Monday, October 7, 2019

Todd Bright



Pam Schwartz and I went to AIGA Orlando's October Community Meeting at Credo Conduit (1001 N Orange Ave Orlando, FL.) The invitation was open to everyone, AIGA members, non-members, designers, non-designers, and beyond. Merritt Andrews, a former co-worker at Disney Feature Animation, put the invitation up on Facebook and the evening featured another former Disney Animator Todd Bright.


Todd's career in animation began at the Disney Animation Studios working on such films as The Hunchback of Notre Dame, Mulan, Tarzan, Lilo and Stitch, Brother Bear, and Curious George. His experience and approach to storytelling, character development, and personality animation has brought to life projects for clients such as Walt Disney Imagineering, Warner Brothers, Universal Studios, Disney Parks and Resorts, Disney Junior, ESPN, Purina, EA Sports, Royal Caribbean Cruises, and Big Idea.

It was fascinating hearing Todd's story of how hard he needed to work to get into the Disney Feature Animation Studio. After several years of Art School, his parents hit hard times and he was on his own. That didn't stop his dream. He took drawing classes obsessively and got better at his craft. Applying to be an intern at Disney was its own story of setbacks and perseverance. He drew in public catching the little stories that happen every day around us if we only pay attention. When he referred to himself as the creepy guy in the corner sketching I had to chuckle. Besides commercial jobs he has taken to painting on location as well, fueling the inner artist. A playful animation he did of his pet pug wallowing in his food dish ended up getting him freelance work from Tom Bancroft another Former Disney Animator.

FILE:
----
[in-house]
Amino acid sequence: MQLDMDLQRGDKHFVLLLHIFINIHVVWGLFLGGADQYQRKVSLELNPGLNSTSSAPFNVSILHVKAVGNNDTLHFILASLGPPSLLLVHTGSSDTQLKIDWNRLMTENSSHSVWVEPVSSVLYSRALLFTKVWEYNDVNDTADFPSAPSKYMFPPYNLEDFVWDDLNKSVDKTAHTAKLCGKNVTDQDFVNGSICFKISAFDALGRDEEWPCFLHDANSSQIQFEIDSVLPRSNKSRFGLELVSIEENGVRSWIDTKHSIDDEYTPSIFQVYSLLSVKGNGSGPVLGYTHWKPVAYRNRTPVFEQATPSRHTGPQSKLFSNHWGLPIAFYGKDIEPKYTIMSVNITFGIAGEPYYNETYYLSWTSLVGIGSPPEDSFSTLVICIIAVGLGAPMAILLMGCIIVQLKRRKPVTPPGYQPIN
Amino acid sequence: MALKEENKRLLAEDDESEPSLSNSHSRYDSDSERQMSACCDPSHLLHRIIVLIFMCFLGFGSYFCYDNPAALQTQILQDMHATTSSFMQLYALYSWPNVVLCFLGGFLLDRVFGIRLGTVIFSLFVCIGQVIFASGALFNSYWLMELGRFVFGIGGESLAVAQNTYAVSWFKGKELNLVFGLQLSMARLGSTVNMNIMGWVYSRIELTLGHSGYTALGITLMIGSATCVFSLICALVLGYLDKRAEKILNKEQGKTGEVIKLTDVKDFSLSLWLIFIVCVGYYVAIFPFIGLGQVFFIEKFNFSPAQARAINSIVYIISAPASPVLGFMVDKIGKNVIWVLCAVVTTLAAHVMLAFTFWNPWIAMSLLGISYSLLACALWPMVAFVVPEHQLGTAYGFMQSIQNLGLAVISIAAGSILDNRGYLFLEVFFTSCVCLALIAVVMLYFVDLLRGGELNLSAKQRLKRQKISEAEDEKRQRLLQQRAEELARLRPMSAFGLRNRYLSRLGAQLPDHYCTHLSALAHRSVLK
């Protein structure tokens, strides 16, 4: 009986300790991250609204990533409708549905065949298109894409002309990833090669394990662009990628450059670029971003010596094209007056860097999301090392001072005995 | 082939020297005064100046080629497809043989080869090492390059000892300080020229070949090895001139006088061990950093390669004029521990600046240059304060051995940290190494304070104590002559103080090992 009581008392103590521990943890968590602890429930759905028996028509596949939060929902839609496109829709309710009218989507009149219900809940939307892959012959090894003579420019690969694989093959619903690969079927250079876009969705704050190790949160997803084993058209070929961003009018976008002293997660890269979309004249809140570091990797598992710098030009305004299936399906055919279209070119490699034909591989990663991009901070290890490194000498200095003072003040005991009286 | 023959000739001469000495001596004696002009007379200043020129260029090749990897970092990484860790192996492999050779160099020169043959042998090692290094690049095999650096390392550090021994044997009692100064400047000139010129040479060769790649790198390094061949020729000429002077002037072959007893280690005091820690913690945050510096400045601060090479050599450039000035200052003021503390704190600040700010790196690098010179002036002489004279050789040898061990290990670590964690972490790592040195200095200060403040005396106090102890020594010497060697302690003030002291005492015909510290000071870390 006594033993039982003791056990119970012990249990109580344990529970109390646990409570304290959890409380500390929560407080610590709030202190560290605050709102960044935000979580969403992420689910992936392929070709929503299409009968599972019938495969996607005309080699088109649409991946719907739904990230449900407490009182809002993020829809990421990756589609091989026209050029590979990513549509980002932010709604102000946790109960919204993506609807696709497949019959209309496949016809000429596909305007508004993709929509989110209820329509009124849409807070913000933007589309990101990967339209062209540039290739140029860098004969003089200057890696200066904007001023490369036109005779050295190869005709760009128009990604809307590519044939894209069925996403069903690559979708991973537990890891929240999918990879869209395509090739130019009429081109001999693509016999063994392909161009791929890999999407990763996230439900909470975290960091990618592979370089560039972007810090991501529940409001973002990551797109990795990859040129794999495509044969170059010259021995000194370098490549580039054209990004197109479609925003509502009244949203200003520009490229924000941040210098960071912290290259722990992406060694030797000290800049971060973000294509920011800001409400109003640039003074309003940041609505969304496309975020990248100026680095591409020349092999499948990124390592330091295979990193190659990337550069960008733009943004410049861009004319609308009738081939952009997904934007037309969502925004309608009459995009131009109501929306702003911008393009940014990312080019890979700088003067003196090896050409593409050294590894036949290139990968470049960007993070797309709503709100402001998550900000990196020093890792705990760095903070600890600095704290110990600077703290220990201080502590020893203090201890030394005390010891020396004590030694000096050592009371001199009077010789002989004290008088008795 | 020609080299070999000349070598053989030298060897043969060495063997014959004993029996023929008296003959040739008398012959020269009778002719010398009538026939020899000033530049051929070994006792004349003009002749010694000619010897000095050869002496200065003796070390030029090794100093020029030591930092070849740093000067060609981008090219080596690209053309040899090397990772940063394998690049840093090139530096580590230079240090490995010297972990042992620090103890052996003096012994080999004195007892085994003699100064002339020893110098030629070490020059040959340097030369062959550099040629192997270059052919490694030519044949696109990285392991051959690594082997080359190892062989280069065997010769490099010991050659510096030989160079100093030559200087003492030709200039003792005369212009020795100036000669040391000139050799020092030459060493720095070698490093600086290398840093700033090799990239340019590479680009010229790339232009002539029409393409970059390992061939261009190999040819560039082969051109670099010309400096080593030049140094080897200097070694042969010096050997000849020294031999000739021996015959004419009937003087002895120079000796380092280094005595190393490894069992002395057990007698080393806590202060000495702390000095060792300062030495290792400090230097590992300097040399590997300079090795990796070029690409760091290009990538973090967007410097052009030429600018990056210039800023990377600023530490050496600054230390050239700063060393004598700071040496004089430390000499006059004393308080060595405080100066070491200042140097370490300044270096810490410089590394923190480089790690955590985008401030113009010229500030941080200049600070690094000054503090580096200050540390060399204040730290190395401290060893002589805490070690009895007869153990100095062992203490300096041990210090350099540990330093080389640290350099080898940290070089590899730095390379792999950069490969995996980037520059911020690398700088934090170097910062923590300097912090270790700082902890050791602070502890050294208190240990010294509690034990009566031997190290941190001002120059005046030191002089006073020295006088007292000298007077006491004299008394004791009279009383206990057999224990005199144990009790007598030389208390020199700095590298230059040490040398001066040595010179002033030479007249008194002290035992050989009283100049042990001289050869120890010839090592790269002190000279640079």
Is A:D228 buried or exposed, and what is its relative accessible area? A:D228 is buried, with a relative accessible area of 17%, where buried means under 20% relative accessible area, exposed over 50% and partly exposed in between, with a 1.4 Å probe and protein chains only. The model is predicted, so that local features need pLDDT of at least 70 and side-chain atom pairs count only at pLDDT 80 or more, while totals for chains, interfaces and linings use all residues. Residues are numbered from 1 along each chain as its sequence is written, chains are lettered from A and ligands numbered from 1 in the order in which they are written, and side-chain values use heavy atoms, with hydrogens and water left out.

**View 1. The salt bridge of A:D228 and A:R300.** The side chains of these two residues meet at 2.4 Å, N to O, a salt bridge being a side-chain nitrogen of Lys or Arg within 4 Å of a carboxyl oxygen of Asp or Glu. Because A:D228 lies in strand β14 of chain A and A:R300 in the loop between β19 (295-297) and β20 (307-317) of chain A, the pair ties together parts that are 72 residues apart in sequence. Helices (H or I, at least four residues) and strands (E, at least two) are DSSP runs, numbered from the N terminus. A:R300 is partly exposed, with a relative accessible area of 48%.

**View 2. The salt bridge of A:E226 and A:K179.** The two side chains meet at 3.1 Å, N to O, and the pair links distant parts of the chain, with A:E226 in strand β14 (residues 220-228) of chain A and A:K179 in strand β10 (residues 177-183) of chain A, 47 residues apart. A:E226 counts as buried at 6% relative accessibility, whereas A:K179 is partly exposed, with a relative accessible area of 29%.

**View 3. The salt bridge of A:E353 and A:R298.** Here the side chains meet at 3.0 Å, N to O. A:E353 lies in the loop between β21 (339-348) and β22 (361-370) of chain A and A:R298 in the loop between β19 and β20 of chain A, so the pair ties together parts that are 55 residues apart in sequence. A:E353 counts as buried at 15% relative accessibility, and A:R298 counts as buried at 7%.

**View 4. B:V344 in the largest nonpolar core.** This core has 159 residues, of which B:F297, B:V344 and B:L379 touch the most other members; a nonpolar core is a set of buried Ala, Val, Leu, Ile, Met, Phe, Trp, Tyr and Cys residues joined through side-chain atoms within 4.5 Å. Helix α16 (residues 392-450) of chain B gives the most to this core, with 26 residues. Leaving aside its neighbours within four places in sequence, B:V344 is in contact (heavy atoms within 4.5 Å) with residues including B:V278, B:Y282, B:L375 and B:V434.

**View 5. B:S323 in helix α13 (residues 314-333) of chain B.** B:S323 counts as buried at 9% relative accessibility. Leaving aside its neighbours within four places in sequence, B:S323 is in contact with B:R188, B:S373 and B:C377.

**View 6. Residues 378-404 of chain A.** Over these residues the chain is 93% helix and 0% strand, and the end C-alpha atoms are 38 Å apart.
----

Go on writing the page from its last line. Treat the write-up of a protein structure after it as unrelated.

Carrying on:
When Todd talked about the closing of the Florida Disney Feature Animation studio, he said it was like watching a family get torn apart. He thinks there is easily a feature film in that studios story. He talked about the chance he took when he entered the office of top animator Andreas Deja. He asked him for a shot at doing his rough in-betweens and after a test he was working with this top flight talent. As the studio was closing Todd was invited to the animators California home and at that party several of the 9 old men, legends of the early Disney animated feature years, were there. Ollie Johnson and Frank Thomas were there and another animator was playing piano. My heart hurt as I listened to the end of an era and the legends of the industry who are only known by those who know the hardship and struggle of mastering animation.

This was the most highly attended of AIGA's meetings this year. Local students from UCF and other community colleges filled the quaint community space filled with quirky bungalows. There is clearly a hunger from this new generation of future animators for insights about the traditional days of hand drawn animation. Digital might be bright and shiny but traditional has depth and heart. On scene, "Bedtime Story" was cut from the final Lilo and Stitch Film. It demonstrated the heart that can be found in hand drawn animation. It hurt to discover it ended up on the editing room floor.

Todd did a great job inspiring these young new artists. He stressed the importance of feeding the artist soul while persevering in an industry that is small and demanding. Animation is challenging and can break your heart, but when a scene is working there is magic in the moment.


Prints are available for each sketch for $250 and many originals can be purchased for $400. White museum grade shadow box frames are $100 more. You can e-mail Thor at analogartistdigitalworld@gmail.com

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